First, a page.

6 Factors That Could Affect Exchange Rates

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Though they may not have significant importance to your own life, exchange rates will impact a country’s economy, international businesses, and travelers who wish to exchange their money into a different currency.

It could also have an effect on those people who need to send money abroad, although, with the help of a comparison site that provides the best value international money transfers, this process can be made easier.

To some people, it is common knowledge that certain factors can affect exchange rates. More often than not, these factors will affect global currencies instead of local ones.

That being said, now is a good time to learn more about what these factors are.

1. Economic Health

One factor that has the ability to influence an exchange rate is the overall health of an economy. In simpler terms, this will be their performance levels.

If you live in a country that has a strong economy, you will find that it is much easier to attract foreign investments than those who live somewhere where the economy is much less robust.

A country that has a strong economy will soon see lower levels of inflation which, in turn, will significantly increase the exchange rate of the country’s currency.

The health of the economy will also include interest rates, inflation, and balance of trade.

2. Inflation

Following on nicely, inflation will also have an influence on the exchange rates.

In short, it is the relative purchasing power of a currency compared to other currencies. What may cost a country little when it comes to buying a certain item, may cost another country a lot more to buy the same thing.

If your country has higher inflation, you could be expected to pay more. In turn, this is why countries have different currency rates.

Stronger currencies are linked to those countries that have low inflation rates.

3. Public Debt

In order to establish economic growth, many countries go down the route of large-scale deficit financing. What this means is that they borrow money to establish such growth.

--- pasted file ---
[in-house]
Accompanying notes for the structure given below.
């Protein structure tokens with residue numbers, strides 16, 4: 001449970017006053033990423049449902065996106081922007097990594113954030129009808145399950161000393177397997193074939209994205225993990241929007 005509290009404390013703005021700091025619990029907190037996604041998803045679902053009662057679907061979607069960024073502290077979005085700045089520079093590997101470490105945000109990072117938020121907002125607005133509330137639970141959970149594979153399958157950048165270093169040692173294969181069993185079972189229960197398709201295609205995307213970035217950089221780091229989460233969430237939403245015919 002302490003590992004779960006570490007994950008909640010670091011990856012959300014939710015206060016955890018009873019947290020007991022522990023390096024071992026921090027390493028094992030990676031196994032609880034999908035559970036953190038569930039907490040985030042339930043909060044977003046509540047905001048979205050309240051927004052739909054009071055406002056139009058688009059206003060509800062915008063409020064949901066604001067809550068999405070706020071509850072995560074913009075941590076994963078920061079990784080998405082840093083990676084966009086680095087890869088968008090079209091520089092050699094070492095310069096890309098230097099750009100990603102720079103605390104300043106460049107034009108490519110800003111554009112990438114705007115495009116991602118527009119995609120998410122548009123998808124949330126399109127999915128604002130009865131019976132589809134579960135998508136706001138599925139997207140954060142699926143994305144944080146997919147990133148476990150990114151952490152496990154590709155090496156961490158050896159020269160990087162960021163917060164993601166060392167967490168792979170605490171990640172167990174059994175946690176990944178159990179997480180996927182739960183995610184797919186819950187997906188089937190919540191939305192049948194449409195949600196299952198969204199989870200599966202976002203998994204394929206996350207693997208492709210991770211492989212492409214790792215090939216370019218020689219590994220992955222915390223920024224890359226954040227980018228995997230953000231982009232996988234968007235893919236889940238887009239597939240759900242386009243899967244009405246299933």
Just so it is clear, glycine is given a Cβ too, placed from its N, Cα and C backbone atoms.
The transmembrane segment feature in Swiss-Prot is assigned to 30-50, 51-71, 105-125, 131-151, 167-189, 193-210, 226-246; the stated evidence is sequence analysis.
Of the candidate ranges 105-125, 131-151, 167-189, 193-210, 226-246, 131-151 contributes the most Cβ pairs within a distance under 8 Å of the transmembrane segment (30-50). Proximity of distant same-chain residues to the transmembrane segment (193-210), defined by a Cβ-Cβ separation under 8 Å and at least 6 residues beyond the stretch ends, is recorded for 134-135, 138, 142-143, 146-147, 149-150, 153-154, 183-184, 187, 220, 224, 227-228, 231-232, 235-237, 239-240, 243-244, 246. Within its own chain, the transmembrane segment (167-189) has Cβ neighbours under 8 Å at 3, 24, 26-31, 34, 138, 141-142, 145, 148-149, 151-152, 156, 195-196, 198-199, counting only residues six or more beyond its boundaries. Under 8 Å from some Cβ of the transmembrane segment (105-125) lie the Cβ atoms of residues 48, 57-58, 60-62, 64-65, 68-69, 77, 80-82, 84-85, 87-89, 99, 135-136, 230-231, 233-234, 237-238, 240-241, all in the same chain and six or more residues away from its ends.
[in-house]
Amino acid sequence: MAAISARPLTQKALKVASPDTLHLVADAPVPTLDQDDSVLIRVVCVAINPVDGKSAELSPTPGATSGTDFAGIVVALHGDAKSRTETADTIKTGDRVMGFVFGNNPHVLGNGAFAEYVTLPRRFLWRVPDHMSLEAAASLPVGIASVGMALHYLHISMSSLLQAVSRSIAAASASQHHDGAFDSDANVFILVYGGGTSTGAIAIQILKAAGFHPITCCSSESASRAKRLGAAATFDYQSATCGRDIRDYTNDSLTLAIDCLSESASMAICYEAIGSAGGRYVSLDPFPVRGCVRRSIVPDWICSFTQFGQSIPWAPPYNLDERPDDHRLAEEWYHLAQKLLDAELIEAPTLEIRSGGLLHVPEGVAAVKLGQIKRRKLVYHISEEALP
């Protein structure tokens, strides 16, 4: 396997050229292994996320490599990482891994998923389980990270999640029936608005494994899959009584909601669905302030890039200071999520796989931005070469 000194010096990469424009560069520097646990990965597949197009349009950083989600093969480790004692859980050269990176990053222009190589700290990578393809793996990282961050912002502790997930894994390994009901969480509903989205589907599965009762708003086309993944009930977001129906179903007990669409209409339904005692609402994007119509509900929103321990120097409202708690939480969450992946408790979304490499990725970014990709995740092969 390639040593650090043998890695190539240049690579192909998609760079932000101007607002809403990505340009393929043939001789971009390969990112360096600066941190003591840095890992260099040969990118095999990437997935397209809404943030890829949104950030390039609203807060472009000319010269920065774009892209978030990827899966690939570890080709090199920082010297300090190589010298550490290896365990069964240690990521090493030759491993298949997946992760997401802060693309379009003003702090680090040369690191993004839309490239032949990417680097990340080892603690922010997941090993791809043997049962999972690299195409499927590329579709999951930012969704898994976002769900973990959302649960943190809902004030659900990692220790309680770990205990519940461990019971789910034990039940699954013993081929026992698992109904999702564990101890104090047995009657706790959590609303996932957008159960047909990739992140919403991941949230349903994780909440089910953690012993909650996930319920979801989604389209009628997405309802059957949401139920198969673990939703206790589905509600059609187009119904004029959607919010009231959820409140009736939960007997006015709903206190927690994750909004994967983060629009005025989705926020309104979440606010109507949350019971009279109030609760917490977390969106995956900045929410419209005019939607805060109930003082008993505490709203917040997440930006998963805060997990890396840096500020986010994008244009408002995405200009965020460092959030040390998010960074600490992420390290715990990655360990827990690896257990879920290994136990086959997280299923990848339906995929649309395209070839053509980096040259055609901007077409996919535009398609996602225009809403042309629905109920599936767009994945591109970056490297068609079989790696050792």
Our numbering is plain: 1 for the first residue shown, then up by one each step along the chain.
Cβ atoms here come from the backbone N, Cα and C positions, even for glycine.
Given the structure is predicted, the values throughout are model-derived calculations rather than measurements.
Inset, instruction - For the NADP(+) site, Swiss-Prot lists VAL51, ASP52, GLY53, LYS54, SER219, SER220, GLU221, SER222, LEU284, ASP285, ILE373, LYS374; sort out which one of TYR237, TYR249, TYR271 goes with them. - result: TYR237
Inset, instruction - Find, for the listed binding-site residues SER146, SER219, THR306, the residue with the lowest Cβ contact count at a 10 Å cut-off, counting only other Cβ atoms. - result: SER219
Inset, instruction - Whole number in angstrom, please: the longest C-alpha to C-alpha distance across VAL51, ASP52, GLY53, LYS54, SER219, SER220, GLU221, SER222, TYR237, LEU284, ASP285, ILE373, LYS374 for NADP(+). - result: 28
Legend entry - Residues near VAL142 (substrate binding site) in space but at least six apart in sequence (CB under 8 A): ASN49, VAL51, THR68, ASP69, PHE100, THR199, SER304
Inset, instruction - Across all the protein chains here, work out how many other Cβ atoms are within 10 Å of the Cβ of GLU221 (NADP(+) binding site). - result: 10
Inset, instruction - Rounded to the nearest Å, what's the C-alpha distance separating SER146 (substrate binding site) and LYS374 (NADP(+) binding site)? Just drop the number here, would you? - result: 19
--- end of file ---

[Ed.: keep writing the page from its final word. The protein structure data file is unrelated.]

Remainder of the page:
If this debt grows quicker than the economic growth that they achieve, the chances of this driving up inflation by preventing foreign investment from entering the country are very likely.

On the other hand, a country’s government may print money to finance this debt. This will also increase inflation.

4. Interest Rates

Like inflation, interest rates also have a close connection with exchange rates. To be able to control and manage inflation, central banks of these different areas will use interest rates to get the best deal.

As we’ve already said, if a country has been able to successfully higher its interest rates, it will attract foreign investments that will ultimately improve the local currency rates.

A disadvantage of this is that if these rates remain too high for a long period of time, inflation will start to increase, therefore resulting in a currency that has been devalued. This is why central banks need to adjust rates to balance both advantages and disadvantages.

5. Balance of Trade

If you have never heard of the term balance of trade before, all you need to know is that it is the difference between the imports and exports of a country.

By hearing someone say that a country has a positive balance of trade, all it means is that exports have exceeded their import levels. In basic terms, the inflow of foreign currency is higher than the outflow.

Due to this, its foreign exchange reserves grow, thus lowering interest rates. This will then stimulate economic growth as well as bolstering the local currency exchange rate.

6. Stability of a Country’s Politics

A country that is politically stable will attract higher levels of foreign investment, which will help improve the currency rate. On the other end of the spectrum, a country that has poor political stability will see its exchange rate devalue.

The stability of a country’s politics will also affect the local economy and financial policies, which then have a long-term effect on a currency’s exchange rate.

Countries with great political stability, like Switzerland, will have a stronger and higher valued currency.

There are so many factors that can affect the exchange rates of a country. Having knowledge on some of these will help to put you in good stead when it comes to navigating this process further down the line if you must.

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